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News In Brief

By CompiledSuzanne L. MacLachlanDavid Mutch, and Peter E. Nordahl / May 30, 1995

The US

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Wrecking crews worked through the weekend to isolate an area of the former Oklahoma City federal building where they hope to find the last of the bombing victims. Trucks hauled nearly 800 tons of debris from the razed site Sunday and planned to haul another 1,200 tons yesterday. The bombing appears to be the work of a group of three or four amateurs from the far-right fringe, not a well-organized, well-financed extremist group, Newsweek magazine reported. Investigators believe the plotters financed the bombing by selling weapons, possibly stolen, at gun shows, the magazine said.

President Clinton turned up the pressure for his antiterrorism package, accusing congressional critics of trying to deny police expanded wiretap authority and other tools they need to fight terrorism. Clinton's criticism drew a swift rejoinder from Senator Dole, who said Clinton should direct his frustration at Democrats. The Democrats, Dole said, have delayed passage of the antiterrorism bill by offering more than 60 amendments to the budget resolution.

Political consultant Ed Rollins resigned from Senator Dole's presidential campaign after referring to two Jewish congressmen as ''Hymie boys.'' Rollins reportedly sent a resignation letter on May 22 to Dole's campaign manager. Rollins made the offending comment on May 15 at a dinner for Speaker Willie Brown of the California State Assembly. California Governor Wilson, meanwhile, in an effort to position himself as a leading opponent of affirmative action, will abolish a variety of hiring policies that help minorities and women, the Los Angeles Times reported.

The administration released ''model business principles'' designed to encourage respect for human rights abroad but without mentioning the country initially targeted -- China. Disclosure of the voluntary principles came as the president appeared headed to renew China's preferential trading status. Critics attacked the principles as a weak substitute for a tough policy on Chinese human-rights and labor abuses.

Police arrested 23 anti-abortion protesters outside a women's clinic near Los Angeles. The arrests were made under a Los Angeles city law enacted last week that bars disruptive protests within 50 feet of a clinic, its parking lot, or buildings and walkways leading to the facility.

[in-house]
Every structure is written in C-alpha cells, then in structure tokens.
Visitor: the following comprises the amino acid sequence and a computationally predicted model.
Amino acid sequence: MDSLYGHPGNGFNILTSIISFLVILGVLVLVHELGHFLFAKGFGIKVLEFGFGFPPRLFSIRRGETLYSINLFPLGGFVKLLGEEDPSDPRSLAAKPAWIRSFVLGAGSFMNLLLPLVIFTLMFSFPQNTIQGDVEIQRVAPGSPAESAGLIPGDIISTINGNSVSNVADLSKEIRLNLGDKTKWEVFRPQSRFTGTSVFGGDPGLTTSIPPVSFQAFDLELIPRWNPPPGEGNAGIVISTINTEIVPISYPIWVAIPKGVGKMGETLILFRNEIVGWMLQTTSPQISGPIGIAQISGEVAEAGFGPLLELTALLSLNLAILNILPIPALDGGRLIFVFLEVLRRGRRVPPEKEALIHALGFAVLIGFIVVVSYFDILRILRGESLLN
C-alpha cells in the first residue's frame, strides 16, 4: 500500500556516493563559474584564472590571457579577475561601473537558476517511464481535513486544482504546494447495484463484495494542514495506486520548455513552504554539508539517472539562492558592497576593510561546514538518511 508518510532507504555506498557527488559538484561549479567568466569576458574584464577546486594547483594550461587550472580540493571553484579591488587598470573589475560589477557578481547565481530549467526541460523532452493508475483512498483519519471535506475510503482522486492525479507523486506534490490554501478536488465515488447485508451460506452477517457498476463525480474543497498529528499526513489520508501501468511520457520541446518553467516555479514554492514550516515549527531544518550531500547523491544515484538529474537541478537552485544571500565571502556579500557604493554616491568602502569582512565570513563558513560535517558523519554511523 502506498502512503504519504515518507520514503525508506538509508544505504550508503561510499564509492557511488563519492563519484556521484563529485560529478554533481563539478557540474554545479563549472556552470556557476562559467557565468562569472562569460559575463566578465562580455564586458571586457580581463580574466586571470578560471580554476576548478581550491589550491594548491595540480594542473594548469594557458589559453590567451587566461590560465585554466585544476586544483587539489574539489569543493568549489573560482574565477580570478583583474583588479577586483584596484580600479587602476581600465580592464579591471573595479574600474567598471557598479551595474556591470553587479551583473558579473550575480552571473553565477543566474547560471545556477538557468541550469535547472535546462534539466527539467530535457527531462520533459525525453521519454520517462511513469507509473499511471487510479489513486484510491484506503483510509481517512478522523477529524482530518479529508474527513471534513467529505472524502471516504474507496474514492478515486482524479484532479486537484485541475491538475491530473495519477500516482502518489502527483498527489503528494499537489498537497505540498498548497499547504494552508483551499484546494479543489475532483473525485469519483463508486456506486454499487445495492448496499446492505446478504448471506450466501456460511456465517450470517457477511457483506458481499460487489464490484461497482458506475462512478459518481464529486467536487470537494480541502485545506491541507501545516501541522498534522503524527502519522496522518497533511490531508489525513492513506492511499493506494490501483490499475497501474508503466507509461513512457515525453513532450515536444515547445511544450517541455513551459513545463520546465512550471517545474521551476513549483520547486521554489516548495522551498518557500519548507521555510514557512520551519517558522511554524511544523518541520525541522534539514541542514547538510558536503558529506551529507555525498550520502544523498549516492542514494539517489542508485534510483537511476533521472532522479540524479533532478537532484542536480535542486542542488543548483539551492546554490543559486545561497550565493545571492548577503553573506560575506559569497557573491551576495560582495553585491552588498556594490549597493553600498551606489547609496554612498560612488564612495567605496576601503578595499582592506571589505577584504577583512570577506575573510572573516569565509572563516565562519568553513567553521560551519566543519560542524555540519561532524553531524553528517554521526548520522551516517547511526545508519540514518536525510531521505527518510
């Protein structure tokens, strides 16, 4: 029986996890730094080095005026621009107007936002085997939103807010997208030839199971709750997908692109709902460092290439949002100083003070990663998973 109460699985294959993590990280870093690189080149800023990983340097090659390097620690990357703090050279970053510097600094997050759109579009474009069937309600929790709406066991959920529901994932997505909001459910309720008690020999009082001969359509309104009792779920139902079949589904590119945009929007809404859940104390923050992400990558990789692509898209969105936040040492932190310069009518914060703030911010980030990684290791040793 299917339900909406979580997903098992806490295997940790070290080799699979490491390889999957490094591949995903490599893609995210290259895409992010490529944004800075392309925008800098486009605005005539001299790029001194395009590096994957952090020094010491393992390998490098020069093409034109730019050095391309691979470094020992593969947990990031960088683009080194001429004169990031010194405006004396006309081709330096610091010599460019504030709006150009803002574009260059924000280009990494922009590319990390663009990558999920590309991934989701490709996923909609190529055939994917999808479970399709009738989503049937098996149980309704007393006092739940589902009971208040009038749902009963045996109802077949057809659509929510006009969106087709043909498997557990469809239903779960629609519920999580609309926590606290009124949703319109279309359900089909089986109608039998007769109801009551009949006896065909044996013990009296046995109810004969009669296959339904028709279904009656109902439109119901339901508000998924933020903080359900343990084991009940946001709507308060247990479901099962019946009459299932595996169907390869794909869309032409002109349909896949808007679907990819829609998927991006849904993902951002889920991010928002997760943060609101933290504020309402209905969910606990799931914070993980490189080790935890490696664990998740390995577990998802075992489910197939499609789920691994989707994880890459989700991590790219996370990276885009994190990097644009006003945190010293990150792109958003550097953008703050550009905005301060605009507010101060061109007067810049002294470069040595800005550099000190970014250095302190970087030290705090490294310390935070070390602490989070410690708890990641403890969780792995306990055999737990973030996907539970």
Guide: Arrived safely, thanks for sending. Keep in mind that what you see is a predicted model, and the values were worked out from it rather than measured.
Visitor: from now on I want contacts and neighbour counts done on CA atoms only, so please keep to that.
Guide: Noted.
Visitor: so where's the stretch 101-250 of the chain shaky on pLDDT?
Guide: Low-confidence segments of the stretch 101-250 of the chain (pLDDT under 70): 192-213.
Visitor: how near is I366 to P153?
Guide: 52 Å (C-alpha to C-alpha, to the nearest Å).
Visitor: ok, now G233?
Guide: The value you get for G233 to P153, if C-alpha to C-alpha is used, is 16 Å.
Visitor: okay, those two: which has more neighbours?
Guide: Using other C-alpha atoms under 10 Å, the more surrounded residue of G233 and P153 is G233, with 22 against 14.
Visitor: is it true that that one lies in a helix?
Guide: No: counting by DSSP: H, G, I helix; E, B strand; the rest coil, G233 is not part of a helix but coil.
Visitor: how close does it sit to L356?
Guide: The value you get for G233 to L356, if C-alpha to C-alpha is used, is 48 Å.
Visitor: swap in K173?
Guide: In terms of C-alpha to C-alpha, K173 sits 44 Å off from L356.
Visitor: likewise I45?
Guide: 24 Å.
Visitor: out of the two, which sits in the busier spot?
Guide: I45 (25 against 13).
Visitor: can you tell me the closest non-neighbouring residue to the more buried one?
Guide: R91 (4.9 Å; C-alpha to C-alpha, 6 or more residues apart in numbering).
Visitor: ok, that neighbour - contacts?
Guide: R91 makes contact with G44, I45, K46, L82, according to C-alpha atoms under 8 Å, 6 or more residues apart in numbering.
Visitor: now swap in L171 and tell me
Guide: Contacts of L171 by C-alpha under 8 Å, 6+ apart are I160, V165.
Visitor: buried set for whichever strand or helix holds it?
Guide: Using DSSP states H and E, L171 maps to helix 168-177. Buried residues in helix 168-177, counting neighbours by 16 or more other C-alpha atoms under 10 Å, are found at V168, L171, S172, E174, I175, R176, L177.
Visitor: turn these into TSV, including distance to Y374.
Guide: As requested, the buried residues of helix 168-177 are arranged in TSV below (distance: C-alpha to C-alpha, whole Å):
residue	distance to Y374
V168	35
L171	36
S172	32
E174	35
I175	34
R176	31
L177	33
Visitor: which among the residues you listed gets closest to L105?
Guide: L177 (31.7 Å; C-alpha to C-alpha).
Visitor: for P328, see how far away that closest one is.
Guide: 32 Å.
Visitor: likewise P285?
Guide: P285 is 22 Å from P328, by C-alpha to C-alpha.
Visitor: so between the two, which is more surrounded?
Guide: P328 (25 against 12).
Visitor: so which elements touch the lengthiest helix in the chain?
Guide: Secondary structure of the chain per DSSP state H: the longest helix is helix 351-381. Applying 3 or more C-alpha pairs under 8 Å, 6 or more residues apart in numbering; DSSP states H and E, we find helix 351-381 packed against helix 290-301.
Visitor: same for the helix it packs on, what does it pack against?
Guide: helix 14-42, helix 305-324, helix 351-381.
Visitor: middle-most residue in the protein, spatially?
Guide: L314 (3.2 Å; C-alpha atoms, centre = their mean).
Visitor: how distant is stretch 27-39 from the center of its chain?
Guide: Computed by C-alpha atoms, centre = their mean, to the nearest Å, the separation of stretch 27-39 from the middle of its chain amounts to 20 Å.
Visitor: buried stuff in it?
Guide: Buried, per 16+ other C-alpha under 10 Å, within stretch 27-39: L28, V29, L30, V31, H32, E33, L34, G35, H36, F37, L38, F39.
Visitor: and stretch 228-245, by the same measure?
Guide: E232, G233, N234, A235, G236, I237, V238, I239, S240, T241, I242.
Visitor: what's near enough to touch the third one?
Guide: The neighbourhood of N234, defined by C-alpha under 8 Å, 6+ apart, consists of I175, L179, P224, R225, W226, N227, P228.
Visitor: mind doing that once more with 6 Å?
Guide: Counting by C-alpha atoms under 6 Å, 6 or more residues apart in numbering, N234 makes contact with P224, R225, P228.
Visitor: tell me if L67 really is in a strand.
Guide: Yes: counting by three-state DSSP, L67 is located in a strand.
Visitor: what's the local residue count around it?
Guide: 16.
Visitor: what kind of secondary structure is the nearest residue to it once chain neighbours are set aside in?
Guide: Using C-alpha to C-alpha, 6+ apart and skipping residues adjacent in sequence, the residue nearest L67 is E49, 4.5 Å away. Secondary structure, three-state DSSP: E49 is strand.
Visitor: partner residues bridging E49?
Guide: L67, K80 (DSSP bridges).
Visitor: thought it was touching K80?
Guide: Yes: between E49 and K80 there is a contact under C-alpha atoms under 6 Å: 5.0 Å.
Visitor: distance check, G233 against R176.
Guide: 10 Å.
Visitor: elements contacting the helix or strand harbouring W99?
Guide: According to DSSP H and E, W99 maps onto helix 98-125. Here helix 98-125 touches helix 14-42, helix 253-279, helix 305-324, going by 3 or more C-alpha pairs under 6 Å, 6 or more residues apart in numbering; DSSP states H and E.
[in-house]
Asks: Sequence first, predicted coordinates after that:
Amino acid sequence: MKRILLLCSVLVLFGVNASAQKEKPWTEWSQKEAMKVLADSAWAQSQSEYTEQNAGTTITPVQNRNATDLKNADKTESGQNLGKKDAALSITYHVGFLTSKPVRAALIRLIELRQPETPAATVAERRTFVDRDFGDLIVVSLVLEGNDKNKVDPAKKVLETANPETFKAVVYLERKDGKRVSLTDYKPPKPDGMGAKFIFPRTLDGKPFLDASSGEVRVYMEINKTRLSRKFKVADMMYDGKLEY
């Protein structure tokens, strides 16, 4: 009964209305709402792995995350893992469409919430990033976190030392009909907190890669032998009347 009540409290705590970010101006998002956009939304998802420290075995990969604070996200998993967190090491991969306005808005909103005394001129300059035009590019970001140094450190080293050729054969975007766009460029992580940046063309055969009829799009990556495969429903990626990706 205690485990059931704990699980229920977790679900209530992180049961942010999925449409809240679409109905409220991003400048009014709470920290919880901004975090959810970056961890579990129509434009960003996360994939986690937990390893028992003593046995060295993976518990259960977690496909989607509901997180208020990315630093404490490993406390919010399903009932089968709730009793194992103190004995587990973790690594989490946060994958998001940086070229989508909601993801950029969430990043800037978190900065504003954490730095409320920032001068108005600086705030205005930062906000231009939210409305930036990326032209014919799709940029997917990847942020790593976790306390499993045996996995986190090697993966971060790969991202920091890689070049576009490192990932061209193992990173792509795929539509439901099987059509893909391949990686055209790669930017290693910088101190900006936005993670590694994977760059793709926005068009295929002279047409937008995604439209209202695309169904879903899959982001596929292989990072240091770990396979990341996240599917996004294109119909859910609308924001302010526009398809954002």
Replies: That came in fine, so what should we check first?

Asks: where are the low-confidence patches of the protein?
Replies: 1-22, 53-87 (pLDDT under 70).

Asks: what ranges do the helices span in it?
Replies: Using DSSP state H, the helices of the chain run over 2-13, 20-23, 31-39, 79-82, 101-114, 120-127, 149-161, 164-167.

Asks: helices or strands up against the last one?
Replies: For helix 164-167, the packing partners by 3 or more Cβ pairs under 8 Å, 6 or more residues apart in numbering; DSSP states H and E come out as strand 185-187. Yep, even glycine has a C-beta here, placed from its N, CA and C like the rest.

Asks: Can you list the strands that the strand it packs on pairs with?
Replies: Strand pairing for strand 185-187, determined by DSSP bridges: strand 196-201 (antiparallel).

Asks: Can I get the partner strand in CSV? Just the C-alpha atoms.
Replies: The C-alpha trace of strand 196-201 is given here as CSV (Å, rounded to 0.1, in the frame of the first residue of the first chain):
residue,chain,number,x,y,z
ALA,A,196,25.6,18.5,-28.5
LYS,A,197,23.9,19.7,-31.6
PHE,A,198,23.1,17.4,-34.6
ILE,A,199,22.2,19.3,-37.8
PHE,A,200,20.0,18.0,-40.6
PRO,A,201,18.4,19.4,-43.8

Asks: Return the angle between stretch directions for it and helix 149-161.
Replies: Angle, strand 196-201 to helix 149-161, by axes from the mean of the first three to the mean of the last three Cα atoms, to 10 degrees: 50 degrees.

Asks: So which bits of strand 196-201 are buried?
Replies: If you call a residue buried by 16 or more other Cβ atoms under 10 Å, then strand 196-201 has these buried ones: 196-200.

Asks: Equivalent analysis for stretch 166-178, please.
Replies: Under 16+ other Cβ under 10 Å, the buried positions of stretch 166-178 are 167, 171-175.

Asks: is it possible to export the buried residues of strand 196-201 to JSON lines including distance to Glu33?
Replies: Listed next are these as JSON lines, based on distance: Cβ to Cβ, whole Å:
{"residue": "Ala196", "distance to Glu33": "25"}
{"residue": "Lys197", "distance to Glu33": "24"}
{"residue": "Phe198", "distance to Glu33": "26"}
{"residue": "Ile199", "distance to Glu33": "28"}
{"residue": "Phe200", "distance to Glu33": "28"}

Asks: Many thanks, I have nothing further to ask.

Orders for US-made machine tools plunged in April, but export orders surged, signalling a recovery in overseas markets. Orders fell 41.98 percent to $335.1 million from a record-setting total of $577.5 million in March, the Association for Manufacturing Technology said.

With the threat of a strike set aside, negotiators for AT&T Corp. and its 110,000 union workers were to resume negotiations yesterday on wage, pension, and health-care issues.

Illinois National Guardsmen, volunteers, and prison inmates sandbagged the Illinois River to prepare levees for an expected flood crest this week Thunderstorms, hail, and a tornado hit the central Texas city of San Angelo, injuring 47 people.

The Chicago Housing Authority's board, which recently resigned, is set to hand control of its 1,500 buildings to HUD in the federal agency's largest takeover ever. (Story, Page 3.)

Yet another juror in the O. J. Simpson trial was dismissed last week after denying she was writing a book and had received a note from another juror. Now the juror who allegedly passed the note may be dismissed when the trial resumes today, the Los Angeles Times reported.

Police declined to speculate about a possible motive in Sunday's stabbing death of a Harvard University student by her roommate.

The World

The West stepped up pressure on rebel Serbs holding nearly 370 UN peacekeepers hostage, sending thousands more troops toward Bosnia and trying to salvage the confused UN mission. There were rumors of possible commando raids by the troops. UN Secretary General Boutros-Ghali was to present new plans to the Security Council within 24 hours. France has threatened to pull out its 3,800 peacekeepers if they aren't guaranteed more security. EU foreign ministers and representatives of the ''contact'' group met yesterday; NATO foreign ministers were to meet today. Bosnia's foreign minister was killed Sunday when his helicopter was downed by Croatian Serb forces, and Serb shelling of ''safe'' areas continued. The Bosnian Army launched an assault near Mount Ozren. (Stories, Page 1.)

Up to 2,000 people were killed in an earthquake that destroyed the Russian oil town of Neftergorsk on Sakhalin Island north of Japan Sunday. About 3,000 of the town's 3,500 residents were unaccounted for. In Japan, seismologists warned that the quake may signal a period of danger for the northwestern Pacific.